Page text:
You may not have had high blood pressure Sunday, but you may have it today. Even if your blood pressure hasn't changed a smidge. What's up?
The rules shifted Monday. It used to be that we encouraged people to adopt healthy behavior to keep their blood pressure down but didn't label someone as having hypertension until systolic blood pressure (the top number) exceeded 140 millimeters of mercury and/or the diastolic blood pressure (the bottom number) exceeded 90 mm Hg. Lots of people watch those numbers closely.
Now the American College of Cardiology and the American Heart Association have updated blood pressure guidelines that move the goal post for many people.
If you have heart disease, chronic kidney disease or diabetes, then your target now for systolic blood pressure has moved down to 130 and for diastolic blood pressure to 80. Same goes if your 10-year risk of having a heart attack or stroke is greater than 10 percent (determined by a calculator found here).
The focus on people who have a high likelihood of heart disease and stroke is an effort to maximize the health gains from risk reduction.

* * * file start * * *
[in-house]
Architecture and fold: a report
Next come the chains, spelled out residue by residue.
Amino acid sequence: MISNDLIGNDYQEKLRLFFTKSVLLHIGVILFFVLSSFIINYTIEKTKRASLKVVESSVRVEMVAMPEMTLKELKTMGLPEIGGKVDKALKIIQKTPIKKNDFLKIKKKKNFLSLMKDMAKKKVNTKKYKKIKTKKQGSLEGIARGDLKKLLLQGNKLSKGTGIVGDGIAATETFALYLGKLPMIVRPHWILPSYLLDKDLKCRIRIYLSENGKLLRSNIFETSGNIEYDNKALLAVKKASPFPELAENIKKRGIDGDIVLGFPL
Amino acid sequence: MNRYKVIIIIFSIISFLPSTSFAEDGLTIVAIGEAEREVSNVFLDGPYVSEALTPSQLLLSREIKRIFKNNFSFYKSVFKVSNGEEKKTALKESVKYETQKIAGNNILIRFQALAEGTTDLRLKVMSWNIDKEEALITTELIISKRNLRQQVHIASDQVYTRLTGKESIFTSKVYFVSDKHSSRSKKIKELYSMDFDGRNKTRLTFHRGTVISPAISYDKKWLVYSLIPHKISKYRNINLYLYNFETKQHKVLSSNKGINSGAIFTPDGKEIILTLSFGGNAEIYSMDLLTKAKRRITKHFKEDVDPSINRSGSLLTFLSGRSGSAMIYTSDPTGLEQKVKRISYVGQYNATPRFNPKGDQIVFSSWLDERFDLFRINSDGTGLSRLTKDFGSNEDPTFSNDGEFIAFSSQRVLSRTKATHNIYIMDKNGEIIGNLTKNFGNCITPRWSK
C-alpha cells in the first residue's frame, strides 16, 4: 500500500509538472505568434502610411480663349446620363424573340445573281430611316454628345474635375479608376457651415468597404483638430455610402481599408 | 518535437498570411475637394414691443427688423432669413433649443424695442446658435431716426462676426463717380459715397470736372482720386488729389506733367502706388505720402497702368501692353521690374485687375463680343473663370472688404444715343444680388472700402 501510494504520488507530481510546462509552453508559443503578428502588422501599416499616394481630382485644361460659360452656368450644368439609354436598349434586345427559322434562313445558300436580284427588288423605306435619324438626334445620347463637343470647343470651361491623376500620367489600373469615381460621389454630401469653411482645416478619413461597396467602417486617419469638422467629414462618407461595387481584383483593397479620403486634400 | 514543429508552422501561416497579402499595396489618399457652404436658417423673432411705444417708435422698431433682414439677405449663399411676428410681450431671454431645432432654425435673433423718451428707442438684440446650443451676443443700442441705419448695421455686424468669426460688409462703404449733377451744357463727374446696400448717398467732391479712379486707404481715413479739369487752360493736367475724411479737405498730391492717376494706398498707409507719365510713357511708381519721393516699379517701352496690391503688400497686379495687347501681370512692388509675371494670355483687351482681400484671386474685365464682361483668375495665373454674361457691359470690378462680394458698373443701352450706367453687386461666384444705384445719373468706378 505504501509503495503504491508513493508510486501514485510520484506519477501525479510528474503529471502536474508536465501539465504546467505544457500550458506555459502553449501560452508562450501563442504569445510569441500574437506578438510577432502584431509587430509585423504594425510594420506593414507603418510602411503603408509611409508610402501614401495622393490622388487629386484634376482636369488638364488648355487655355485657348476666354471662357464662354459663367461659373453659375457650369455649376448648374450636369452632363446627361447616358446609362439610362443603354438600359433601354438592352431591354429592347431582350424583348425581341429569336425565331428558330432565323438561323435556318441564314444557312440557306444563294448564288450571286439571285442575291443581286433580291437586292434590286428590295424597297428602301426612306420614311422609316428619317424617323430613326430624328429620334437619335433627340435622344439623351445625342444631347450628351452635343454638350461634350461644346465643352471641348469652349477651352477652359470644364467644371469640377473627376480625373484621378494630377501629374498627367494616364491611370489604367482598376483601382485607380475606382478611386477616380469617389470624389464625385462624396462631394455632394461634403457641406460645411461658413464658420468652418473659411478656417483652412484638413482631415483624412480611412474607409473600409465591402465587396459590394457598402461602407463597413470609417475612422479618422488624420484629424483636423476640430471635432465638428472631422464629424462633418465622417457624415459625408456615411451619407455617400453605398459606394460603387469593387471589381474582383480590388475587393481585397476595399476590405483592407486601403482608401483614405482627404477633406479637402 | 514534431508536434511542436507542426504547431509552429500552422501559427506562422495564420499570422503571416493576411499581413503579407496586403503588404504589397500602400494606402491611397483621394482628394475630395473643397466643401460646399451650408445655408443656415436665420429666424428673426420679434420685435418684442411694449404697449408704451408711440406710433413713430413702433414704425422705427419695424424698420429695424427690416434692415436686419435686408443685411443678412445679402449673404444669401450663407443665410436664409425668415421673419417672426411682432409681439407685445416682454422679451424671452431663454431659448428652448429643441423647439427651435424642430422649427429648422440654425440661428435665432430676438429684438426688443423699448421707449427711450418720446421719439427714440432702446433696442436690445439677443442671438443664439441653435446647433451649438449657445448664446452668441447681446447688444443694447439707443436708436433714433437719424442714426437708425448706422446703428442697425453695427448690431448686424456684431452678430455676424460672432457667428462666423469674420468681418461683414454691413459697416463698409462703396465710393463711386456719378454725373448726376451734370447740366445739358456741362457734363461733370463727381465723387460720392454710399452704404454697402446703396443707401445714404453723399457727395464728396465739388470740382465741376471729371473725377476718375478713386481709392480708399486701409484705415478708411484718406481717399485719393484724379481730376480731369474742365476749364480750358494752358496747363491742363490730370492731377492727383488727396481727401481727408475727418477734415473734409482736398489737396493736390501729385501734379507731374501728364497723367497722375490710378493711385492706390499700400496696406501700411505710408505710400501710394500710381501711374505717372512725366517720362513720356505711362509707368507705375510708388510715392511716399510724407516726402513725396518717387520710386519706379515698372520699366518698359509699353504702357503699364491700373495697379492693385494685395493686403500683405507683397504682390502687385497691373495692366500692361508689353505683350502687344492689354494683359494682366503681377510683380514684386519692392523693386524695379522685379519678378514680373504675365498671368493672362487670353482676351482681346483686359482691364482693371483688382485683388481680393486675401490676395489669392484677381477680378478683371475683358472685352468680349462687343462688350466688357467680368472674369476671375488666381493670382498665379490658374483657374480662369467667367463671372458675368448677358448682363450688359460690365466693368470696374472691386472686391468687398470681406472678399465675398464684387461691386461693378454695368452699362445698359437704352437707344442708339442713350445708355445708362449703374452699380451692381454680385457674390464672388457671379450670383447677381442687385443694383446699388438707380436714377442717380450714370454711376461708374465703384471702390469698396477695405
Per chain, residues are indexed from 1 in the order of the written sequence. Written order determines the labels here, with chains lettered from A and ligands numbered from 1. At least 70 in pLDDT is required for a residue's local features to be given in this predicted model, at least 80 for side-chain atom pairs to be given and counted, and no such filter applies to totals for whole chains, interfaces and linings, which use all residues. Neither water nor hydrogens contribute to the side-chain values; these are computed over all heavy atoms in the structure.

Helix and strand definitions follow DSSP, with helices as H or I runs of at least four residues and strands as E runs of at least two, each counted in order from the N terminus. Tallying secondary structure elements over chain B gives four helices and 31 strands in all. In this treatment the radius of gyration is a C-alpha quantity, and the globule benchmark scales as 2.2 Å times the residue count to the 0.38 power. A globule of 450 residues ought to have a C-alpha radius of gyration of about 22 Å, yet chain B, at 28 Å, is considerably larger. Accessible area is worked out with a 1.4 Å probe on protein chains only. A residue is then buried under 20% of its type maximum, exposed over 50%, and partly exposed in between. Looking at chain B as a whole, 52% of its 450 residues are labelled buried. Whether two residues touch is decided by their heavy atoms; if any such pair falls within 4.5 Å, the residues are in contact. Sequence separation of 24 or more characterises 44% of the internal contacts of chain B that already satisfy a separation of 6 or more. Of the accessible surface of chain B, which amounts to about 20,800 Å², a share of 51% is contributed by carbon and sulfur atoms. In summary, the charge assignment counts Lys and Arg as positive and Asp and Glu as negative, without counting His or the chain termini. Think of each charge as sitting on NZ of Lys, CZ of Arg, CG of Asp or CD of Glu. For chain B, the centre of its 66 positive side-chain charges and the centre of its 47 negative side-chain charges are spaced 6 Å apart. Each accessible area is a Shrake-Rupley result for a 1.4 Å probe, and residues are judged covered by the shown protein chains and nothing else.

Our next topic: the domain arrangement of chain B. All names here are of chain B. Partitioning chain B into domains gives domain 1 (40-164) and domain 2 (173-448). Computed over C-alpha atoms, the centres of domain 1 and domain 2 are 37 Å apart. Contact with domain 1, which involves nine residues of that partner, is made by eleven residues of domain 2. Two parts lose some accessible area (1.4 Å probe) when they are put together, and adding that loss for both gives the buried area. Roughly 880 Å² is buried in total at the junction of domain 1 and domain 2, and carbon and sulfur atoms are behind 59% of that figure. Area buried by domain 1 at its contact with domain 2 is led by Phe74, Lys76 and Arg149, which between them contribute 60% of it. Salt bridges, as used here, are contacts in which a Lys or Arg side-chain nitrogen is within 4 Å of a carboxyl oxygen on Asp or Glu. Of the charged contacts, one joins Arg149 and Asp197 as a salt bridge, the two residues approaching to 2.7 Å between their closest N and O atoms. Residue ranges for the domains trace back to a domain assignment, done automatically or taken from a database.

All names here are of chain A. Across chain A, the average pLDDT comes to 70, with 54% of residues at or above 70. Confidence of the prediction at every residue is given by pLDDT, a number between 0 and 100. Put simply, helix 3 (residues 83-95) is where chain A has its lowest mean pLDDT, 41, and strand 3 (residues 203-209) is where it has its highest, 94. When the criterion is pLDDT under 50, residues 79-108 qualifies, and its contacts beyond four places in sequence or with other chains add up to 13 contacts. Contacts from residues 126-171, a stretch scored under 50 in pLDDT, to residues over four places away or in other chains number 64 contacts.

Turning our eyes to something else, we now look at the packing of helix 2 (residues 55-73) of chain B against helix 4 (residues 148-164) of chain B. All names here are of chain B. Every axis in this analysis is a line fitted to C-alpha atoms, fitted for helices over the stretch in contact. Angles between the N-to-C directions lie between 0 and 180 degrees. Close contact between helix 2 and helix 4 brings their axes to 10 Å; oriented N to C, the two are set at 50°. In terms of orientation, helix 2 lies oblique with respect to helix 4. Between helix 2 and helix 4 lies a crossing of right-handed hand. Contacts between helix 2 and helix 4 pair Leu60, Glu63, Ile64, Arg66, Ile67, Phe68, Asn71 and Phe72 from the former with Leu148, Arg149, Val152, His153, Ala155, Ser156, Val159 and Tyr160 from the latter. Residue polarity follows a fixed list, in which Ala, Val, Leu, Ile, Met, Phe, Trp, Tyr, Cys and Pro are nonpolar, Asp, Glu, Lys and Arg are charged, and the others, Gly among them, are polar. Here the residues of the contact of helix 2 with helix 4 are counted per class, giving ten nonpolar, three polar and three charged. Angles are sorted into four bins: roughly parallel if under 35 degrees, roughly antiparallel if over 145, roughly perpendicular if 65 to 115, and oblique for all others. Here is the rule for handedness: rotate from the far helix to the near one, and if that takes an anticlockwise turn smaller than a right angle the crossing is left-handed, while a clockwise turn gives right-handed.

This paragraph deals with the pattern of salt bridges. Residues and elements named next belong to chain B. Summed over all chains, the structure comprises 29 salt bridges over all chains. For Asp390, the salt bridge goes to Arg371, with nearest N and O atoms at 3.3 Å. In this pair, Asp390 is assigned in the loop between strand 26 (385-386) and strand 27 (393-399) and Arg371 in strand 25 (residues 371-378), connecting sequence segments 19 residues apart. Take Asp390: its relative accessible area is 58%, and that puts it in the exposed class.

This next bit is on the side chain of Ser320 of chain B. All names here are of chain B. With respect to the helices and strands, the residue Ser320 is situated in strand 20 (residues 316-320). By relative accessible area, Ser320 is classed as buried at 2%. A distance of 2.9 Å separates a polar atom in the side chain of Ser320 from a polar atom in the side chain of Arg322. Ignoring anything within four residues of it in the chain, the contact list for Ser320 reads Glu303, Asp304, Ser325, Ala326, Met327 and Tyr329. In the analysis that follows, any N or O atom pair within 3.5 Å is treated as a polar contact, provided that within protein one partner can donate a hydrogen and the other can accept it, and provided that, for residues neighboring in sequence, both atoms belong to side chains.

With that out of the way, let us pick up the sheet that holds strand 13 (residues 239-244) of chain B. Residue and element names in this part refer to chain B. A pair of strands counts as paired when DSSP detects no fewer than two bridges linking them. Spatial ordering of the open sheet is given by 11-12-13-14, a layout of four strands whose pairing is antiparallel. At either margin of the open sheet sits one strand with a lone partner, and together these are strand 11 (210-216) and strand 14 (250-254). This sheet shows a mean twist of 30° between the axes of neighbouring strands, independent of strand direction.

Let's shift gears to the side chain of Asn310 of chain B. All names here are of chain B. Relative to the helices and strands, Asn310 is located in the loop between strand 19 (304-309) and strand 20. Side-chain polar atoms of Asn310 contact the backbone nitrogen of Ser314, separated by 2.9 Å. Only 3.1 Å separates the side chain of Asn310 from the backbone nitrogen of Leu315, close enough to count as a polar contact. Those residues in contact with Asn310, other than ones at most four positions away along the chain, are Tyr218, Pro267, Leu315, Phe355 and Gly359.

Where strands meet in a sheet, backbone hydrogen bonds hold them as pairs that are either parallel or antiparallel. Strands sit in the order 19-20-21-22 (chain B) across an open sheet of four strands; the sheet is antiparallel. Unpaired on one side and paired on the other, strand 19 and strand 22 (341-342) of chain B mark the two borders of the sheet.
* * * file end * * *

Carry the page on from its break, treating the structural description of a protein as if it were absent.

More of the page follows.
To decide whether the blood pressure targets should change, the ACC and AHA assembled 21 experts who reviewed all the relevant studies, including a landmark study by the National Institutes of Health that supported lower target levels. In the end, they were unanimous in endorsing a lower standard, believing it would reduce risk and be worth the extra medications for people at high risk. Importantly, they did not change the standard for low-risk individuals.
The big change is that we will end up labeling many more people with hypertension and recommending drug treatment for many more people, too. The hope is that more aggressive treatment will reduce life-threatening heart attacks and strokes.